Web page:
Guest essay by Paul Homewood
With special thanks to John Fuller and Agar012 (and Dr. Ryan Maue for review)
Now we have had a few days to reflect on the terrible events of last week, we can start to piece together some of the facts.
First of all, as it is the thing that really matters above all, fatalities. The good news, if it can be termed that, is that the death toll is likely to be around 2000 to 2500, according to the Philippine President. This is much less than the 10,000 originally feared to have died.
As far as the storm itself was concerned, the official statistics from the Philippine Met Agency, PAGASA, remain the same as those issued at the time. The table below compares these with the original satellite estimates put out by the Joint Typhoon Warning Centre, JTWC, and that were subsequently used by the media around the world to claim that Yolanda was the “strongest storm ever”.
|Sustained Wind Speed mph||147||195|
As far as sustained wind speeds are concerned, the PAGASA numbers are based on 10-minute averages, whilst the JTWC are on 1-minute averages, so the latter are always likely to be higher. Is it possible then to draw any conclusions?
According to NOAA NHC hurricane expert, Chris Landsea,
“One complication with the use of the 1 min averaging time for the standard for sustained wind in the Atlantic and Northeast Pacific tropical cyclone basins (where the United States has the official World Meteorological Organization tropical cyclone advisory responsibilities) is that in most of the rest of the world, a 10 min averaging time is utilized for “sustained wind”. While one can utilize a simple ratio to convert from peak 10 min wind to peak 1 min wind (roughly 12% higher for the latter), such systematic differences to make interbasin comparison of tropical cyclones around the world problematic. “
So on this rule of thumb,adding 12% to the PAGASA number would increase it to 164 mph, on 1-minute averages.
Jeff Masters also mentions that other studies suggest a ratio of 1.14, which would give a figure of 167 mph. He also points out that the Japanese Meteorological Agency estimate 145 mph, using satellite based 10-minute averages, therefore backing up the PAGASA version.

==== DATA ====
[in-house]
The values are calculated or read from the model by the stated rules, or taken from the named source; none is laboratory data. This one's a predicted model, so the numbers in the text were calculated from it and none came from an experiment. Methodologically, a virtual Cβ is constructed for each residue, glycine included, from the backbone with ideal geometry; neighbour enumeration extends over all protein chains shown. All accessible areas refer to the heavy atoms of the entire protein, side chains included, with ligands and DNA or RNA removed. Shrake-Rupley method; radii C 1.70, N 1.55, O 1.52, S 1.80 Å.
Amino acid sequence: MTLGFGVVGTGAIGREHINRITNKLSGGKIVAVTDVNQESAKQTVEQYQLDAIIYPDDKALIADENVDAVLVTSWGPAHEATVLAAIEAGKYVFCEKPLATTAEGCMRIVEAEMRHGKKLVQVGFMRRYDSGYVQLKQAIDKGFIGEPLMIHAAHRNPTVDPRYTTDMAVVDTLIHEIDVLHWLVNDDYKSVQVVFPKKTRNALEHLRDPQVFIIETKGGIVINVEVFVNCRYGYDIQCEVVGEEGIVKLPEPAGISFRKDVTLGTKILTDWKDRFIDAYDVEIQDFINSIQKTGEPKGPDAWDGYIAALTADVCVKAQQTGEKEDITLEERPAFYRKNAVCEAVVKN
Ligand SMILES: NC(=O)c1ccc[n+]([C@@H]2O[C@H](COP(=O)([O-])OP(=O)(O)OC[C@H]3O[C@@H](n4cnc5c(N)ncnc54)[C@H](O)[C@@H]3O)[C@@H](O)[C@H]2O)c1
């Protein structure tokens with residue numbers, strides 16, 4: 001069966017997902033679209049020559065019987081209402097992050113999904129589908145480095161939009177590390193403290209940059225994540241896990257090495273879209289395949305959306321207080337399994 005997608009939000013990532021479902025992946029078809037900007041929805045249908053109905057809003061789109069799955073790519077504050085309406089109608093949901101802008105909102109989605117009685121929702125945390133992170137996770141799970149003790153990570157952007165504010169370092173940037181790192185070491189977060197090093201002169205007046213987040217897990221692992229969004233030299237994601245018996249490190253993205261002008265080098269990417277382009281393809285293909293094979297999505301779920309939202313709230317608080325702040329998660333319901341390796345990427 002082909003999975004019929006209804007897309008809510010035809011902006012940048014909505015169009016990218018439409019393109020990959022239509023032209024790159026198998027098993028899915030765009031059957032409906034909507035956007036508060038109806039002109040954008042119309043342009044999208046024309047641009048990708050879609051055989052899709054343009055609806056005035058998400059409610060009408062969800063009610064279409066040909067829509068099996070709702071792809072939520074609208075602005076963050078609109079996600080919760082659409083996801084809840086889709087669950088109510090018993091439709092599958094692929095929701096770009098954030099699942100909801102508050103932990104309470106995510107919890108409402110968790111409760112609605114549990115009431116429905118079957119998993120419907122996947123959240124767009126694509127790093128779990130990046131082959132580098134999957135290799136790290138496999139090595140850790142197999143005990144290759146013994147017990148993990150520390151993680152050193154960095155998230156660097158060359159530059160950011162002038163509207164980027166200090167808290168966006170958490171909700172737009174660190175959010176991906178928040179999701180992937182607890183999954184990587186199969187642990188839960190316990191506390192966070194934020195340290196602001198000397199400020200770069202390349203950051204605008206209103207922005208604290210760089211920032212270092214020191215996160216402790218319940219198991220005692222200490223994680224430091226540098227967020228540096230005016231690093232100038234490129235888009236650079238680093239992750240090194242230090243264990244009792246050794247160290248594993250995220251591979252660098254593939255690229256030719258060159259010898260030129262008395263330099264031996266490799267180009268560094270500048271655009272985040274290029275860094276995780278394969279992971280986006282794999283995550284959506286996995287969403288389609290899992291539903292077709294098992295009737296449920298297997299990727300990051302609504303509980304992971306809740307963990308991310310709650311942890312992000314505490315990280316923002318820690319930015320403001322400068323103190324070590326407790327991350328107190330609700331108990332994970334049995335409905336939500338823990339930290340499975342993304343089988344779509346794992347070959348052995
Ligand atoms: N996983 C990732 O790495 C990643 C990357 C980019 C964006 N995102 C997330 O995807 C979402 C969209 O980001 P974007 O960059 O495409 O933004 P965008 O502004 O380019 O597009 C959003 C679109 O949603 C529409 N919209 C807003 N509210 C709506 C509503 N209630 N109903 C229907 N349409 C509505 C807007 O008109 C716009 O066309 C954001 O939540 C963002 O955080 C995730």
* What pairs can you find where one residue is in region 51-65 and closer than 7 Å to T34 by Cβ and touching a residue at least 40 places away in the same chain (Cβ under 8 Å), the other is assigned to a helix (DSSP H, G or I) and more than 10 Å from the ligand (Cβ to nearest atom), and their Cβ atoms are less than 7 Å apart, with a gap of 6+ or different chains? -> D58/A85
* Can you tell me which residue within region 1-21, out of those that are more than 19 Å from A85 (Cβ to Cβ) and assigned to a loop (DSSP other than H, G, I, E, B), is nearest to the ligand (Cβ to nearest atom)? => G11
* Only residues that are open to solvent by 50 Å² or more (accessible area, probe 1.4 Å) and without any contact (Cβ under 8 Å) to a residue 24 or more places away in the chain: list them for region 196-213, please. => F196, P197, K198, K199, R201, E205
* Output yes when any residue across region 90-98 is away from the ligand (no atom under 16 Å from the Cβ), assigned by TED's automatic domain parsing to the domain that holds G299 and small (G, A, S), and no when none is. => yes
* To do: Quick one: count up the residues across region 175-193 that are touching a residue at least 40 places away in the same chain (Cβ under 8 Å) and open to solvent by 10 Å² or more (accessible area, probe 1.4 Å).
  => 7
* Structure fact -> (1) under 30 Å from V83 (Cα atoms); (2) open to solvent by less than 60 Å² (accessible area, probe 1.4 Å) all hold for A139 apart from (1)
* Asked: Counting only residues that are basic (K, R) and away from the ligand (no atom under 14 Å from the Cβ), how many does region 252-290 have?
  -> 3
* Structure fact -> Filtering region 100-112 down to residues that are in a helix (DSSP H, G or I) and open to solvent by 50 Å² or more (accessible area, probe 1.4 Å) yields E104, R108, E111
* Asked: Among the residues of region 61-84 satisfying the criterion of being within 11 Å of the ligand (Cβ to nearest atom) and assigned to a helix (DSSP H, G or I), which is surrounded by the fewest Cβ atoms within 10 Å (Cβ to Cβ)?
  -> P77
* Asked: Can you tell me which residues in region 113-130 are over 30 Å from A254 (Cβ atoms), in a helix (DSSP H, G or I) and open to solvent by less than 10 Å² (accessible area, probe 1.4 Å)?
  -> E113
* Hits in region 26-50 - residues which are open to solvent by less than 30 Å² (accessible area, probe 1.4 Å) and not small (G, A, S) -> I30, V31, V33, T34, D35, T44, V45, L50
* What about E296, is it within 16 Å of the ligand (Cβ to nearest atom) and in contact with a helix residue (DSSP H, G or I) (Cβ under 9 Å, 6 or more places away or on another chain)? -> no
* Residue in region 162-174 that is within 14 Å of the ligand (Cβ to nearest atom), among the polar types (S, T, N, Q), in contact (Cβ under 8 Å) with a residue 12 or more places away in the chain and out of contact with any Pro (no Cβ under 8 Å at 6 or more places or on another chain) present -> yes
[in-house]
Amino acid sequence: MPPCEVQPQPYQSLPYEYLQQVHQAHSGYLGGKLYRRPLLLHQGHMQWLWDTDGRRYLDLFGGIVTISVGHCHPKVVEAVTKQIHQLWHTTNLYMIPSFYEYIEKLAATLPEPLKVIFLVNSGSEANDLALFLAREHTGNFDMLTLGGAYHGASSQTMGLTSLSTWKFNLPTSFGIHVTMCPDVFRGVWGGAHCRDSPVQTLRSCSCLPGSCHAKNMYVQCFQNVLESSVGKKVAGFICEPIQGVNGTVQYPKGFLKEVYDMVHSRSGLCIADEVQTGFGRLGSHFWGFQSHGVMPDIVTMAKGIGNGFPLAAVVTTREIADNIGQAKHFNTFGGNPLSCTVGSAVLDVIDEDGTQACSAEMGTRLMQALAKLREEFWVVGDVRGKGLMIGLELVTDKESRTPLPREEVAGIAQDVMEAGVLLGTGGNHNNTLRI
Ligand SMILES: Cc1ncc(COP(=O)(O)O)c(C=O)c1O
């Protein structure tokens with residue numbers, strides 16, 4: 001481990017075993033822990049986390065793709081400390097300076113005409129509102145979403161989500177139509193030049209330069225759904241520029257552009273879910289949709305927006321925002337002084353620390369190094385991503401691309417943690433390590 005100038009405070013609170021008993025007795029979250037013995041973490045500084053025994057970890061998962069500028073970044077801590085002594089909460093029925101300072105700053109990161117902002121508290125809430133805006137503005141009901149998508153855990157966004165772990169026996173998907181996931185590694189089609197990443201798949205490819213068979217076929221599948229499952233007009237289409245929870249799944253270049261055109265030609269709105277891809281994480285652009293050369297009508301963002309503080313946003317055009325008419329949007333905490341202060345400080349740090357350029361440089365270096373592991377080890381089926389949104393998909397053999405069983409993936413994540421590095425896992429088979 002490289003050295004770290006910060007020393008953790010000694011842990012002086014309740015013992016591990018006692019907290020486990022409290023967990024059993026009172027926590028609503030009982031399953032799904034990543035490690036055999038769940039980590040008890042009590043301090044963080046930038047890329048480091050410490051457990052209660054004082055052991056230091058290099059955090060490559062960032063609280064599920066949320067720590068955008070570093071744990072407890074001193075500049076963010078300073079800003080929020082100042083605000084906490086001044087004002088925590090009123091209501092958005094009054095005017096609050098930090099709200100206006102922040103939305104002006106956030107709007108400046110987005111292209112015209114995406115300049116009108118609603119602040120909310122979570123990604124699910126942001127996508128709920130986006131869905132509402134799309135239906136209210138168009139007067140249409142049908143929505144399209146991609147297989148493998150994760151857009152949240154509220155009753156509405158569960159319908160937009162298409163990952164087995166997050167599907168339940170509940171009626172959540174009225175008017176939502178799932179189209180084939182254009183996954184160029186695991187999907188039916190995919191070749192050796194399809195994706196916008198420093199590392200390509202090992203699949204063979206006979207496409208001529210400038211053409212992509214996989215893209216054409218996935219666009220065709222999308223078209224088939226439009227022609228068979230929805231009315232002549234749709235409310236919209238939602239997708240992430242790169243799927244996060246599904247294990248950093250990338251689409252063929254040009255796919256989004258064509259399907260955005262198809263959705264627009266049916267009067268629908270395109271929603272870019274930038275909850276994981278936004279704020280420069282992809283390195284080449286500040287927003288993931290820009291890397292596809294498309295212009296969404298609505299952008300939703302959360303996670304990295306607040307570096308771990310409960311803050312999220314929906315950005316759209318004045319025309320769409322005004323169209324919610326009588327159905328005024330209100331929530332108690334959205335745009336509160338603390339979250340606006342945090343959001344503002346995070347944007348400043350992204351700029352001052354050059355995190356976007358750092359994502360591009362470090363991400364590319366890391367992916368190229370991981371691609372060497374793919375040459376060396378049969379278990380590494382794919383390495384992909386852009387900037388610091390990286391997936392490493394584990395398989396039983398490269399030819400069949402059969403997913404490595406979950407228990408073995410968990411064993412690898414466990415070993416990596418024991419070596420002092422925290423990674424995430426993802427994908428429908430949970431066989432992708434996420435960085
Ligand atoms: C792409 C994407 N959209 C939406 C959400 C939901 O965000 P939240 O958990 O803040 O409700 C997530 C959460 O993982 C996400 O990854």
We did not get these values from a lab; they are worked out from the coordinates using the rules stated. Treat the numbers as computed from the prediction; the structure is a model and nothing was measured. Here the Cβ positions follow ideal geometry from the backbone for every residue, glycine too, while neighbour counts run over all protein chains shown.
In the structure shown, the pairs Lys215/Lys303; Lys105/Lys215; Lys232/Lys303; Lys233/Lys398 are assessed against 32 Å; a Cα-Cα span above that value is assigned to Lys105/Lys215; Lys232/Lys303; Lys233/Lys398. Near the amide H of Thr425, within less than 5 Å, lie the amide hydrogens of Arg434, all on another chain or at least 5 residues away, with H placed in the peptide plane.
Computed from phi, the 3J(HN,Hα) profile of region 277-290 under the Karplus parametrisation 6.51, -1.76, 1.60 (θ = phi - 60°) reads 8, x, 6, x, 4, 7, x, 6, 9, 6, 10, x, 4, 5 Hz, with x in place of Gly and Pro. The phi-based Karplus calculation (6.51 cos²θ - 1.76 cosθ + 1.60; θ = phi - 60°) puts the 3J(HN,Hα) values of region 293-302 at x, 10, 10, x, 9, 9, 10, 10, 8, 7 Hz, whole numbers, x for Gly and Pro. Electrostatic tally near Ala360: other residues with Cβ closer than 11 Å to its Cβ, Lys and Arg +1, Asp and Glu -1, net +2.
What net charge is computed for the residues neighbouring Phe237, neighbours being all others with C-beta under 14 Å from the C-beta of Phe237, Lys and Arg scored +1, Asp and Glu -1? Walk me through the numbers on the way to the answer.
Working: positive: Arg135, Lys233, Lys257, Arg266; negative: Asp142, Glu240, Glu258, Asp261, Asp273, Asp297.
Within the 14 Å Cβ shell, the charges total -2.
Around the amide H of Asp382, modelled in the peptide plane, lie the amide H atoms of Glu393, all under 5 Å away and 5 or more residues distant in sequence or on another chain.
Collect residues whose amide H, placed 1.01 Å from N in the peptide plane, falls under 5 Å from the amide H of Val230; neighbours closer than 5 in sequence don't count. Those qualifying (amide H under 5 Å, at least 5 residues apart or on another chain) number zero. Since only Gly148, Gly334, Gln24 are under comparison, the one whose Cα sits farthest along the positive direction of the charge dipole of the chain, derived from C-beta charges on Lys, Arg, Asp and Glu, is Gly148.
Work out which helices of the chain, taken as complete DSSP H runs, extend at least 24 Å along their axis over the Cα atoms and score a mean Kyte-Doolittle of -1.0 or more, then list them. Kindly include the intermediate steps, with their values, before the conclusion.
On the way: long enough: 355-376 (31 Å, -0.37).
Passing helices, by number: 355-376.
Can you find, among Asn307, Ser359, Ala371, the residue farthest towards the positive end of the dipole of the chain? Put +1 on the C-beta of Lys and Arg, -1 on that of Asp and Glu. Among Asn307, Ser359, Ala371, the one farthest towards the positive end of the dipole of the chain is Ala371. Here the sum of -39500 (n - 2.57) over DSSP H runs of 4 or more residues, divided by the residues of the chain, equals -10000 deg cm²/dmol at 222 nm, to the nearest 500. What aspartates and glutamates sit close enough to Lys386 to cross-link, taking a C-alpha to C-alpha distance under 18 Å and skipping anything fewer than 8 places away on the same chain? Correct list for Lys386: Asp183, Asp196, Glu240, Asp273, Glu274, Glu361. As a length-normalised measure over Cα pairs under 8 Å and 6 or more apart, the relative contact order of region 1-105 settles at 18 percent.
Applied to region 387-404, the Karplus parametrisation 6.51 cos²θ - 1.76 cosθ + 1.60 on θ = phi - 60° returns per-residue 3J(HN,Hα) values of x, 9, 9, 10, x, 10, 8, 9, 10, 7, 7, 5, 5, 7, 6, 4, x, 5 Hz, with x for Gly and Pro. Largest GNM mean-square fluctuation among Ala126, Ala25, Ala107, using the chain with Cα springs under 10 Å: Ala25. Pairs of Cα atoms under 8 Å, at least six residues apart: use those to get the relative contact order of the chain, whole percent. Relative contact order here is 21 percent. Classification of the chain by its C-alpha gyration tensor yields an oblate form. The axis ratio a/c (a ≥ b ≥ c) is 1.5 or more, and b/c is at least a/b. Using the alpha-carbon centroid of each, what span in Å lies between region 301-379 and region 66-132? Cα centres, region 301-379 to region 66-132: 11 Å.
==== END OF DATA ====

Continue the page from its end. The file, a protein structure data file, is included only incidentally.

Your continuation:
There is still, therefore, a big gap between JTWC and the others. A clue to this difference is given by Masters:
Haiyan’s strongest winds occurred on the south shore of Samar Island and the city of Guiuan (population 47,000), where the super typhoon initially made landfall with 1-minute average winds estimated at 195 mph. This estimate came from the Joint Typhoon Warning Center, and was based on satellite measurements. We have no ground level or hurricane hunter measurements to verify this estimate. Typhoon and hurricane maximum wind speed estimates are only valid for over water exposure, and winds over land are typically reduced by about 15%, due to friction. This would put Haiyan’s winds at 165 mph over land areas on the south shore of Samar Island.
So how does all this compare with earlier hurricanes and is there any justification for the “strongest ever” claims.
Hurricane Camille in 1969 is generally accepted as the strongest in recent decades. NOAA describe the wind speeds:
The actual maximum sustained winds will never be known, as the hurricane destroyed all the wind-recording instruments in the landfall area. The estimates at the coast are near 200 mph.
The “Atlantic Hurricane Season of 1969”, published at the time offers more detail: